Demolition of a pre-1944 Herne Bay villa will not be notified, despite concerns and controls protecting old houses.

An non-notified application has gone to Auckland Council to demolish the stately old house, built around 1912 at 111 Jervois Rd.

Vernon Tava, Waitemata Local Board member, sought information, wanting any demolition application notified so people could make their views known and objections were possible.

He said non-notification was not the right way to proceed.


"This is death by a thousand cuts," he said of the loss of Herne Bay houses. "We're seeing the gradual unraveling of Auckland's inner-city heritage."

"This is a character-defining building and there is significant public interest in its removal. The local board asks for public notification," Tava told an Auckland Council planner and his fellow board members.

Planner Thomas Faherty said notification was indeed being considered. "I will take this into account within my reporting," Faherty told Tava.

But it wasn't to be.

Subsequently, Faherty said: "We have elected to recommend non-notification of this application".

Noel Reardon, the council's heritage manager, cited a formal assessment of the weatherboard house with its classic verandah, ornate woodwork and pitched gable roofs.

"It is therefore considered that the villa at 111 Jervois Road does not possess significant historic heritage values as an individual dwelling, but that it is a contributor to a small, existing character streetscape. Its contribution has been reduced by prior changes. The proposed demolition of the subject dwelling will result in some adverse heritage effects on the wider streetscape character, but these adverse effects will be less than if the building was strong contributor to a wider and more intact streetscape as identified elsewhere during the pre-1944 survey," the council's assessment said.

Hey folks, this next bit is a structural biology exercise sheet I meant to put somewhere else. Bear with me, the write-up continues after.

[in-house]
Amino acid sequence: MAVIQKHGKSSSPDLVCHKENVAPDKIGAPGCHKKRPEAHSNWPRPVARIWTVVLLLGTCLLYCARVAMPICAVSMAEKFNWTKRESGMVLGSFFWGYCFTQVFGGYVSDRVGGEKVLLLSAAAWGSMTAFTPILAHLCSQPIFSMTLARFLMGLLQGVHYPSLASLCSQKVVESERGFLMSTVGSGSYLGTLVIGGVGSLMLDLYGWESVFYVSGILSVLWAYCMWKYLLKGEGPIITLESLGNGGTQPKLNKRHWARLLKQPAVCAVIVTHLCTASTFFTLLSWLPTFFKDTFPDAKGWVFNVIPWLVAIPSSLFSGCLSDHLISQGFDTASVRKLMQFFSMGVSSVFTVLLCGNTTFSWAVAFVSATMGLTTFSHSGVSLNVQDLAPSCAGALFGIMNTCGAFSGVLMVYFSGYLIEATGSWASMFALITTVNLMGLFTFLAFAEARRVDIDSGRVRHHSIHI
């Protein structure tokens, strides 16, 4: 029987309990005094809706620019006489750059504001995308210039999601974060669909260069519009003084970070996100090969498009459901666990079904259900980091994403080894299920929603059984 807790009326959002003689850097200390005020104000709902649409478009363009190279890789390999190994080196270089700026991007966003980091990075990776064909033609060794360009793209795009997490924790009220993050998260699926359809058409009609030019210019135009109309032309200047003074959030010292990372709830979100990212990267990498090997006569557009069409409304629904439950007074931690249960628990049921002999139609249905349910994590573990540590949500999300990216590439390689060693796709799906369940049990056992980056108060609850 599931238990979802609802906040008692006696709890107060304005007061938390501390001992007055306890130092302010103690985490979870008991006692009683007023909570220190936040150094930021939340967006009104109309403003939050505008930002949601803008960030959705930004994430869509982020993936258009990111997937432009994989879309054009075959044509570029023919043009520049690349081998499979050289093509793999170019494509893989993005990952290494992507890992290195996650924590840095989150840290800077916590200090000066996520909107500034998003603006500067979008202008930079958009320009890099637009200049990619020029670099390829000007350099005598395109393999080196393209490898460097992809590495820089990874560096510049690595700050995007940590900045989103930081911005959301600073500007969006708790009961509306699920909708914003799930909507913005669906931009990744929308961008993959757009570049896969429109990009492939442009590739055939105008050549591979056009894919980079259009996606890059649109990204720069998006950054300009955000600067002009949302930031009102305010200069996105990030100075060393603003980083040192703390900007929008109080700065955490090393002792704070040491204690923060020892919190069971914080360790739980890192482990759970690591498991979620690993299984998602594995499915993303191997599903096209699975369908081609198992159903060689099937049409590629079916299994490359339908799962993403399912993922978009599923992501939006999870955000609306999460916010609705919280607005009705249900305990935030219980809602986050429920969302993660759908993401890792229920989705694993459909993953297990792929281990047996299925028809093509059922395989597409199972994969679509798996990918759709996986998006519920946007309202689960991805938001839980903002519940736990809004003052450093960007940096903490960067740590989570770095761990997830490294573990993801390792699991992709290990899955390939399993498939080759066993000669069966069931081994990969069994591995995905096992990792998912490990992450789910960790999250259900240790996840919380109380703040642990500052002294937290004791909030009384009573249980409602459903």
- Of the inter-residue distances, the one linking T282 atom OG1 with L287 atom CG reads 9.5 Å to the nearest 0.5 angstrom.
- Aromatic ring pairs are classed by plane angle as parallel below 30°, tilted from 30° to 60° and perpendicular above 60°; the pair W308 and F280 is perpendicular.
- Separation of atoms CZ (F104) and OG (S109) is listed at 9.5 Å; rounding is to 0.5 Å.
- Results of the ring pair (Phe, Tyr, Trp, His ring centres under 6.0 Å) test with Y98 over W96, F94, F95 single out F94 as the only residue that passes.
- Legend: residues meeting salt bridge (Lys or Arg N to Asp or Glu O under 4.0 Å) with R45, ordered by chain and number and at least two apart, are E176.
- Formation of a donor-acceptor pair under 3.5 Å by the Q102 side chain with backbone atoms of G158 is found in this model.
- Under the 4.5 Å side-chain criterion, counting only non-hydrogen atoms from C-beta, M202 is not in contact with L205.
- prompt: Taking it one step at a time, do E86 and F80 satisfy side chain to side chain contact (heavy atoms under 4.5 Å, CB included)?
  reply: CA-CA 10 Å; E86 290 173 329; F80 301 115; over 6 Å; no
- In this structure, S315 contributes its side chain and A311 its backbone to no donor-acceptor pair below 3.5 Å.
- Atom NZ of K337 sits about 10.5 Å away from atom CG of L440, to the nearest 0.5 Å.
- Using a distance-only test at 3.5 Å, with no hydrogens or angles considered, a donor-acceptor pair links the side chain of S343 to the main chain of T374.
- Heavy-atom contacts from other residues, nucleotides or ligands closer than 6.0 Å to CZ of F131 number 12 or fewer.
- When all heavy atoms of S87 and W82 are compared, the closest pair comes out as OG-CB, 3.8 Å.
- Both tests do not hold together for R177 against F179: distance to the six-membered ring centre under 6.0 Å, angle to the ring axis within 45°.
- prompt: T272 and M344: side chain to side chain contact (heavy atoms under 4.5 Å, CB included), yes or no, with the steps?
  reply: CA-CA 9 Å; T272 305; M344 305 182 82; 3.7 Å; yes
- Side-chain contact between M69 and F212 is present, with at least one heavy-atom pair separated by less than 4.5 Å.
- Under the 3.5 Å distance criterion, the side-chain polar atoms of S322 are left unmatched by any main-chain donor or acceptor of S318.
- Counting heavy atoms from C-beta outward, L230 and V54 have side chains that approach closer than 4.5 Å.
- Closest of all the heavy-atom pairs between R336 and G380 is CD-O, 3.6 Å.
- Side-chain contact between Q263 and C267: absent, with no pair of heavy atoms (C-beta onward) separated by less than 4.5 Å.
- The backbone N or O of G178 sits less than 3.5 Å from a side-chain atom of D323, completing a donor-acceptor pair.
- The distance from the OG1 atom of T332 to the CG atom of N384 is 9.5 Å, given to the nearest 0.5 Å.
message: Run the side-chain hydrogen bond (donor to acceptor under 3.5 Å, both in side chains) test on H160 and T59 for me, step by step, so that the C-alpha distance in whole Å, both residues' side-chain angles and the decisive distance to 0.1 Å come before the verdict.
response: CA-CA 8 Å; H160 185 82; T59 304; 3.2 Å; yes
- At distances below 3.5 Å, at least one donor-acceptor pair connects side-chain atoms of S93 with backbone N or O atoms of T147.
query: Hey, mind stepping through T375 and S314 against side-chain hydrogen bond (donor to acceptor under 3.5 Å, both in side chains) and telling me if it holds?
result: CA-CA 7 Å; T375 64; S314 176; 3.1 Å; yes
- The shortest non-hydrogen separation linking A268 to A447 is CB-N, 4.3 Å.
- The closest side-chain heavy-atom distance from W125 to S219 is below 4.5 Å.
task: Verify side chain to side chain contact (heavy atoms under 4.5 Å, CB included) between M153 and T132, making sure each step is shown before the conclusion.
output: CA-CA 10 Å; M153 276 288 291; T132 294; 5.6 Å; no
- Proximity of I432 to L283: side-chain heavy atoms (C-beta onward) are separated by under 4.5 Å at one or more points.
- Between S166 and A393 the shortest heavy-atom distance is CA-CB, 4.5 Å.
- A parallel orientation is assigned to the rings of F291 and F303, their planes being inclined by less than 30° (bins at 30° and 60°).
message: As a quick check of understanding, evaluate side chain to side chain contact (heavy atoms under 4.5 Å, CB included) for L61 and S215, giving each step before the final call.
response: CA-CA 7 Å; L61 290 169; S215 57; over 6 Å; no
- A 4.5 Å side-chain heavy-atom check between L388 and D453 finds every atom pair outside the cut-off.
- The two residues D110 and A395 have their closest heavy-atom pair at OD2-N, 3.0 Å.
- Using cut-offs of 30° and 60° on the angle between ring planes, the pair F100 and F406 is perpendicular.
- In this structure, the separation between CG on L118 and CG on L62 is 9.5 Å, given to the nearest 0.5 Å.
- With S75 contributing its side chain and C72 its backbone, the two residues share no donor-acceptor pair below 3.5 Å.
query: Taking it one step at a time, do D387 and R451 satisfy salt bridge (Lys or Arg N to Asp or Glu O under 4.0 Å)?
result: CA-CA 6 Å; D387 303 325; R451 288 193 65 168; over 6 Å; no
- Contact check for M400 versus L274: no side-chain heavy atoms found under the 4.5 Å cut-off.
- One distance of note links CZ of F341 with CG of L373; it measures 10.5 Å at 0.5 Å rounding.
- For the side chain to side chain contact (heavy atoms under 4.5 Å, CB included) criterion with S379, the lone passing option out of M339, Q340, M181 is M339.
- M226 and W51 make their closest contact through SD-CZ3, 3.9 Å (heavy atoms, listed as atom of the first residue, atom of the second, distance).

Reardon said it was now up to the council's consents team to make the final decision about notification.


He is unsure if the assessment will be for or against notification.

David and Jocelyn Weatherall applied to remove the villa, once owned by police superintendent Alfred Mitchell, who played a role in union unrest in the early 1900s.

Through the Kamari Trust, the Weatheralls have plans for a new building on the site, according to an application made on their behalf by planner David Wren.

A few months ago, another 1905 villa was removed from Jervois Rd. The Erawan Thai restaurant operated in the house for more than 20 years, but in 2012, owner Jessica Woo got approval from Auckland Council to remove or demolish it.